For yesterday’s session of Philosophy 105 – the third of four I’m facilitating this winter – I wanted to bring my longtime friend and colleague Ton Zijlstra into the classroom to broaden our discussion of open data.
I’d introduced the topic last week with an exploration of a local wind energy data project I’d undertaken; Ton has thought longer and harder about the fundamentals of open data, and has worked broadly in Europe with politicians and bureaucrats on the topic, and I knew it would be valuable for the students to hear from him (and I was curious to check in too!).
One of the frustrating realities of the architecture of University of Prince Edward Island classrooms – and, I imagine, most university classrooms anywhere – is that they were built with a particular “professor at the front, talking behind a podium or in front of the whiteboard” model of education in mind. While there’s been a lot of work in recent years to extend this into the digital realm – all classrooms, it seems, have a screen projector and a PC and perhaps some sort of audio-visual system – the classrooms don’t have cameras, for example, making it hard to include others in the conversation by Skype. To say nothing of being difficult to use when students aren’t sitting down and the professor isn’t speaking at them. They are not, in other words, laboratories for collaboration.
I set out to solve that issue, in an ad hoc fashion, for Monday’s session, to enable Ton to drop into the classroom.
To start, I purchased a Logitech C930E wide-angle webcam (discussed in more detail here): the camera has a 90 degree field of view (in other words, its “eye” can take in 90 degrees of space in front of it), making it well-suited to capturing a wide swath of the classroom.
Here’s how I wired everything together:
The webcam connected to my MacBook Air by USB. It worked both as a camera, mounted on a tripod, pointing back at the classroom, but also as a microphone, picking up both my voice and the students’ (it appeared to work very well for this, and there were no problems with Ton hearing us). I used a 3 m extension cord to extend the range of the webcam, but turned out not to need it because I ended up positioning the camera on an angle to avoid having the light from the bright screen projector interfere with it.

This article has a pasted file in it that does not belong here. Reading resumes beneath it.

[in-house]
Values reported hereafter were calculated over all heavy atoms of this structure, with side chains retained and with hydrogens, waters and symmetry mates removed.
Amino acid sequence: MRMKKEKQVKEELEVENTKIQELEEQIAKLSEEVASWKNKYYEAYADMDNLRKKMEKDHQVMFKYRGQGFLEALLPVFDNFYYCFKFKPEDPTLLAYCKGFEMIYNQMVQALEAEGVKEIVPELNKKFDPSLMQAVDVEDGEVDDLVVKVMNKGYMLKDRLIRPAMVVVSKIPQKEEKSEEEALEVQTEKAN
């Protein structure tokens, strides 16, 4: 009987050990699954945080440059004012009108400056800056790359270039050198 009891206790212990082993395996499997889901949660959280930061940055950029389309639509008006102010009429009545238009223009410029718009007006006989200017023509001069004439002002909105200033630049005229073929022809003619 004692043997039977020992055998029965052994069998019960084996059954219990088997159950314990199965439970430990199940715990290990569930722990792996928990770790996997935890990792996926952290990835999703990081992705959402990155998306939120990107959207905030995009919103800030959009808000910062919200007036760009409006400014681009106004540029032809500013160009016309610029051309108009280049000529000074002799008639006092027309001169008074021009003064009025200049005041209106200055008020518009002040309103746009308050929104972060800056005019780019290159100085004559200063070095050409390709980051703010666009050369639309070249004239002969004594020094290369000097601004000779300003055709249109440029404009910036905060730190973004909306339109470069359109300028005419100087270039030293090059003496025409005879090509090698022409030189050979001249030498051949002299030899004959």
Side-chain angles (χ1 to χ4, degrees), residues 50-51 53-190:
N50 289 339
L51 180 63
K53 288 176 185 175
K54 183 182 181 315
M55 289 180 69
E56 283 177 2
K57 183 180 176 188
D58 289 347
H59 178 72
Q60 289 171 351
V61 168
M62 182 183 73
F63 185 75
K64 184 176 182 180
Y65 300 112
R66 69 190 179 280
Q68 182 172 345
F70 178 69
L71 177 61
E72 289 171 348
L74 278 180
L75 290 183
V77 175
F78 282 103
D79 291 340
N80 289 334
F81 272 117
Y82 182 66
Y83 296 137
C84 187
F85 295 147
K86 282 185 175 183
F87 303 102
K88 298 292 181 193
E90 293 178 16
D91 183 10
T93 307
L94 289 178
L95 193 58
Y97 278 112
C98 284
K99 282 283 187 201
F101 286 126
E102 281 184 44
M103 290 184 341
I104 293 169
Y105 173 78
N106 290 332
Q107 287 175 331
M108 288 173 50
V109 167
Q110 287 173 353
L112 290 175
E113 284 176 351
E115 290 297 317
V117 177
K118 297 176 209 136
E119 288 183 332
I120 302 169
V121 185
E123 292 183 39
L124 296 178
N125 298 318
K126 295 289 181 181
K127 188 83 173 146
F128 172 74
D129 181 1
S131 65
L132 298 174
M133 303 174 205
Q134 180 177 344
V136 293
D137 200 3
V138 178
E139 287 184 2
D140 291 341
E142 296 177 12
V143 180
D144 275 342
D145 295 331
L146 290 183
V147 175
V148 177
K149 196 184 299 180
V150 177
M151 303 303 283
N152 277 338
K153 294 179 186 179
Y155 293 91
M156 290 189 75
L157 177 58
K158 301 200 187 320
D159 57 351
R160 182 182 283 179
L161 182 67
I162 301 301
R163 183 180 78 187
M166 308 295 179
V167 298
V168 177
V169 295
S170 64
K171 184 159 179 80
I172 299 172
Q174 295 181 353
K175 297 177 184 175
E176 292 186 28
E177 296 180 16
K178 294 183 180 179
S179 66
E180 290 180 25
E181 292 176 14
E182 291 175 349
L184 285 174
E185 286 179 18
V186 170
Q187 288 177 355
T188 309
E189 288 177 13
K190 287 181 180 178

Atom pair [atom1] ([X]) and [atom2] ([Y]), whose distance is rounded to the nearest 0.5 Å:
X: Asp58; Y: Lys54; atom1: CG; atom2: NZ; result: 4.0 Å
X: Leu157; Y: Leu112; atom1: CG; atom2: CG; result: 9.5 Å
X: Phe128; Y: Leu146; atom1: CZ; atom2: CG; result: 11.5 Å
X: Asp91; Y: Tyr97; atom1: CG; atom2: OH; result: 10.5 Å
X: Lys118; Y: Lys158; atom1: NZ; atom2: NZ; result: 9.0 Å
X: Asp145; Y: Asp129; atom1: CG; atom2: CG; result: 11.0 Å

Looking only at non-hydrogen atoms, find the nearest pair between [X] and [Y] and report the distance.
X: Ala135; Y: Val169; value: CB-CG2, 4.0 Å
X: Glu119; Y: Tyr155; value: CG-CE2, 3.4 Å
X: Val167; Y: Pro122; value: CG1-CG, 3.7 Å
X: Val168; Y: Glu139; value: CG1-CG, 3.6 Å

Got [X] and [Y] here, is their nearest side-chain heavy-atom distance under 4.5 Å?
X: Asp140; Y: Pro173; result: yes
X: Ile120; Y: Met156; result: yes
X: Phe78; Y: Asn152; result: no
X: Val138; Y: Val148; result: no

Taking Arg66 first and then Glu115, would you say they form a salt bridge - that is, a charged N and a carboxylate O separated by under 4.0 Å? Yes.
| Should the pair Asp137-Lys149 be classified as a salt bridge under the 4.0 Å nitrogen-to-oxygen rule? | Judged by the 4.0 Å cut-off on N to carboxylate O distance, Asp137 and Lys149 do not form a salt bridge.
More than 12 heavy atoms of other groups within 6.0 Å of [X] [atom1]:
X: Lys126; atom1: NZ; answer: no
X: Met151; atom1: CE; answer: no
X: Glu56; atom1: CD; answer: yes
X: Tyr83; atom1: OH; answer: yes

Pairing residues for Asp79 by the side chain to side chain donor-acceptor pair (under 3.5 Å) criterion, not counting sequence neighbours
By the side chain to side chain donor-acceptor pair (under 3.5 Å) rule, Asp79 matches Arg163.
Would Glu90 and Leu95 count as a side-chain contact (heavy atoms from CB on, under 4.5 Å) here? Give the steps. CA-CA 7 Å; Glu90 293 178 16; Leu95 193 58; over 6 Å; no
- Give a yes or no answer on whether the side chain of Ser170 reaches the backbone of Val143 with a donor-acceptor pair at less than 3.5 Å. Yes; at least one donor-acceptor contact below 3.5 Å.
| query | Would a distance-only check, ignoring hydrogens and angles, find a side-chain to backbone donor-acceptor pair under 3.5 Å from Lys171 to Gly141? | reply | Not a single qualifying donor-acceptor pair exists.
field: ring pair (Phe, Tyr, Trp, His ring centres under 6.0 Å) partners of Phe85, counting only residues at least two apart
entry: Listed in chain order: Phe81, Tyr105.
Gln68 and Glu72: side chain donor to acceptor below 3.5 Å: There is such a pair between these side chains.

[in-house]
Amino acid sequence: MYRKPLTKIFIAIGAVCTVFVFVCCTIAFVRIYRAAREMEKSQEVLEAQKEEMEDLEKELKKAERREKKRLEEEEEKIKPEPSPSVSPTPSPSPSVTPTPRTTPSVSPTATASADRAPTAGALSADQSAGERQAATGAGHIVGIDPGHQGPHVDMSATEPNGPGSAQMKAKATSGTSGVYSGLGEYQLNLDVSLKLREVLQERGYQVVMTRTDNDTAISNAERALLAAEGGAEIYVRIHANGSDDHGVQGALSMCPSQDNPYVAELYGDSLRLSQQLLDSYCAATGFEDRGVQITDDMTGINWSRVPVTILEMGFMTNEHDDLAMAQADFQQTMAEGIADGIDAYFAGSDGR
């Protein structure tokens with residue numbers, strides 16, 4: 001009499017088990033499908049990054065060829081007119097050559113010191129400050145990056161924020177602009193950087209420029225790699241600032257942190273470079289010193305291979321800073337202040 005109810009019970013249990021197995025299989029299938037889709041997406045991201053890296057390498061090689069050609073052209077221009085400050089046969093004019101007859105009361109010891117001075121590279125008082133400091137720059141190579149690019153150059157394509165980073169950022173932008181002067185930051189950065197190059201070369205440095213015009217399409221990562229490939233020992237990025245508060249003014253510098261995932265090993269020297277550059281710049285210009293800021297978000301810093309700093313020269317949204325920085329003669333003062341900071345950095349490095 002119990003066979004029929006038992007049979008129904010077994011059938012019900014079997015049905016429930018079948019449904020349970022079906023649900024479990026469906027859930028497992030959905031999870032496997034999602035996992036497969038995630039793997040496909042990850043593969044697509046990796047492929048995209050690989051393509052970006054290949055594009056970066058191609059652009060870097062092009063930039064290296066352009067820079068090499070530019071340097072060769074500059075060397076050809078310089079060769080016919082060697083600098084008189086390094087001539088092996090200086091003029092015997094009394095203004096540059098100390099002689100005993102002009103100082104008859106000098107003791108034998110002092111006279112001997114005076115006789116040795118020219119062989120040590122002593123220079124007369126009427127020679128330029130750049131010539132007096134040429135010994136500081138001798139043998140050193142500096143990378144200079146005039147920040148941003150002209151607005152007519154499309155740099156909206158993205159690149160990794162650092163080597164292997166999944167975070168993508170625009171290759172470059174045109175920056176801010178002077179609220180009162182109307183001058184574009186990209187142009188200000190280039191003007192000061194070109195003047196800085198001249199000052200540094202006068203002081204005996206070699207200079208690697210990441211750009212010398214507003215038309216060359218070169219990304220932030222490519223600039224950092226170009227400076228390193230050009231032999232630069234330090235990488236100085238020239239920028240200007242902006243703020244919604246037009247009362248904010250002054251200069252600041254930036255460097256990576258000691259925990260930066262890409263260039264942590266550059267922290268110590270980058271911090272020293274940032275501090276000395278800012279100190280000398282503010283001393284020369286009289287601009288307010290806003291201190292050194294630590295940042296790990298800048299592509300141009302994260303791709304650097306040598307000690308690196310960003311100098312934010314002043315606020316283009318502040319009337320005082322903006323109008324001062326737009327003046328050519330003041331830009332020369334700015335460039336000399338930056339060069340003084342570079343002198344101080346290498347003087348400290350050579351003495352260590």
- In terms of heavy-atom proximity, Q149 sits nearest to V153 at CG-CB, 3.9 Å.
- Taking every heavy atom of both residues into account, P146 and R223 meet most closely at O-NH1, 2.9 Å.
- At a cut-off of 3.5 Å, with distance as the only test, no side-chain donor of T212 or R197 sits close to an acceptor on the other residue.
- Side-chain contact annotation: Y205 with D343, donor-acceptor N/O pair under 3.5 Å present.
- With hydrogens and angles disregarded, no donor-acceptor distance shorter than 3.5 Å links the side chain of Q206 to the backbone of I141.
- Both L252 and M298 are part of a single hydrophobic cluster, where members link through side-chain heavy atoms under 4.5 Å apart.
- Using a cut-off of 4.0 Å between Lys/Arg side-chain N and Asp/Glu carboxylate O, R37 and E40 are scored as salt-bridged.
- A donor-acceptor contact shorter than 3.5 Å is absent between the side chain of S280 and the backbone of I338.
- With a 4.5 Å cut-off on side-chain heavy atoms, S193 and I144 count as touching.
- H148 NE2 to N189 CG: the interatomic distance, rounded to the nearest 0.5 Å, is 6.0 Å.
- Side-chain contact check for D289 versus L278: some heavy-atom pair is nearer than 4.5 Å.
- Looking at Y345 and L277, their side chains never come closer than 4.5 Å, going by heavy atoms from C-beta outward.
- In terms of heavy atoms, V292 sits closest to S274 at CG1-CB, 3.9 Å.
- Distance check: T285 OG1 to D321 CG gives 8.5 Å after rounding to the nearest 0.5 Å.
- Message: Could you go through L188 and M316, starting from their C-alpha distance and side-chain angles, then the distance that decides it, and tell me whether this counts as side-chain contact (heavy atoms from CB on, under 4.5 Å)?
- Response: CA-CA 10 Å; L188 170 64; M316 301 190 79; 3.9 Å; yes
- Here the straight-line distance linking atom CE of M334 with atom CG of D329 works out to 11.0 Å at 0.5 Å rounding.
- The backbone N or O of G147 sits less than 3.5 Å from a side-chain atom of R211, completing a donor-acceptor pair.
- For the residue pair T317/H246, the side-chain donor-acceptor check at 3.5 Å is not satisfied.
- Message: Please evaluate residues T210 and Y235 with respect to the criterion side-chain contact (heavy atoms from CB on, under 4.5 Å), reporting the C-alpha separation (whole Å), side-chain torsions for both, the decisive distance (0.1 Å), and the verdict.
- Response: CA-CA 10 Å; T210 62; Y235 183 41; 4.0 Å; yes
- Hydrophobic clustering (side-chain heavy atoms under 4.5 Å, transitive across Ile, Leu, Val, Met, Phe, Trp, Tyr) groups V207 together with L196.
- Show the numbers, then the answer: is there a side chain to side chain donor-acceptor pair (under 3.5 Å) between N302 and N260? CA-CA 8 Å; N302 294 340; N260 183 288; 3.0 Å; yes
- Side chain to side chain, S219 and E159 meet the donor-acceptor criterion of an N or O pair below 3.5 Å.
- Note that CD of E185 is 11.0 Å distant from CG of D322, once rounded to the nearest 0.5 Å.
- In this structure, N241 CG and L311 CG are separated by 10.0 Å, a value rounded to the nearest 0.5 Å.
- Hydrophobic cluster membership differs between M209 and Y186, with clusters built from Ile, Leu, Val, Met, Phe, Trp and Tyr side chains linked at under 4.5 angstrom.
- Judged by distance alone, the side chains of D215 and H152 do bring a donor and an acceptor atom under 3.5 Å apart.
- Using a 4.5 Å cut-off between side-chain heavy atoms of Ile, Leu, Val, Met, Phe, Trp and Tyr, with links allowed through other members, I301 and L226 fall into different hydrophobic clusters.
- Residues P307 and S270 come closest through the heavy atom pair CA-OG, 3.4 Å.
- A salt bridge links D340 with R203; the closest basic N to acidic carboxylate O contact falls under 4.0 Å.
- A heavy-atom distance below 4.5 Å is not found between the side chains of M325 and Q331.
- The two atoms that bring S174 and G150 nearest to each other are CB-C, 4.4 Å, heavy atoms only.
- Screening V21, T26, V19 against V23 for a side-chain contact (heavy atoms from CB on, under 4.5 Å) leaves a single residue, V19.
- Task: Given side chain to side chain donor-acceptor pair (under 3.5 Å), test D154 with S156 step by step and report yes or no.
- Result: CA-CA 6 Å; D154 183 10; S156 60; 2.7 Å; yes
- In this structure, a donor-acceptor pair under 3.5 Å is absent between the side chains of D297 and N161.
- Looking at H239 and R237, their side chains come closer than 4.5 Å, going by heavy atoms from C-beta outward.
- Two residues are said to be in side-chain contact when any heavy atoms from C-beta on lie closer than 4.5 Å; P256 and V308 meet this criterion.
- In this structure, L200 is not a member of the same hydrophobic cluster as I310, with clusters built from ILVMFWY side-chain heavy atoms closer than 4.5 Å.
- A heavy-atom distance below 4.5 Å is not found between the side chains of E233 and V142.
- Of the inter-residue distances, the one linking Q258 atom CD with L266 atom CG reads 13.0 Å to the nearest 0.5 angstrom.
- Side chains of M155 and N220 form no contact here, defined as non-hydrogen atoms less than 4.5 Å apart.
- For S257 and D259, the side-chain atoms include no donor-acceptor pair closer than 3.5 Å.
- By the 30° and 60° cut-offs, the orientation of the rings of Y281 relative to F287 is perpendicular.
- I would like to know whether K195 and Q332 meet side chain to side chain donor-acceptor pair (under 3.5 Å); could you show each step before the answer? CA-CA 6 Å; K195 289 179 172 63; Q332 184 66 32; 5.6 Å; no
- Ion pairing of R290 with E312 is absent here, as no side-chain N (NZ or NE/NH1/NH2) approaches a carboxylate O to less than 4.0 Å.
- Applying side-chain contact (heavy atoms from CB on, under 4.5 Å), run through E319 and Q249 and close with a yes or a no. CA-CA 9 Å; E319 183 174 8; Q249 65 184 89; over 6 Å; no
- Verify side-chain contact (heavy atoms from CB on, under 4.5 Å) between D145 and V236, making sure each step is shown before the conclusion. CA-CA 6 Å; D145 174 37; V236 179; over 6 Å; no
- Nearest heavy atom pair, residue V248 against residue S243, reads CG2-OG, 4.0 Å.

For audio out in the classroom I connected the male 3.5 mm audio cable that emerged from the classroom’s A/V cabinet into the audio out port of my Mac and then adjusted the volume on the podium controls (it was turned down all the way when I started, which made me think it wasn’t working, but it was). The speaker system in the classroom was excellent, and everyone could hear well.
To project my MacBook Air’s screen – and Ton – onto the screen in the classroom, I connected the male VGA cable in the podium to a Thunderbolt-to-VGA adapter plugged into my computer. The Dell screen projector in the classroom automatically detected the signal and there was, unusually for such situations, no need to fiddle around with this: it just worked.
When it was all set up and running, it looked like this:
You can see the podium on the right, with the webcam on the tripod in front of it. The webcam was about 1.5 m in front of the front row of the seating and it took in everyone you can see in the photo in its view, meaning that Ton could see me (in the front row) and all the students.
Skype worked well, relatively speaking. Over 45 minutes of talking with Ton there were 3 or 4 times when audio and/or video dropped out, generally only for 10 to 15 seconds. We never lost the connection completely; it always recovered on its own. Otherwise it was like Ton was right next door: we could see and hear him, he could see and hear us, and we could forget about the technology and just have a chat.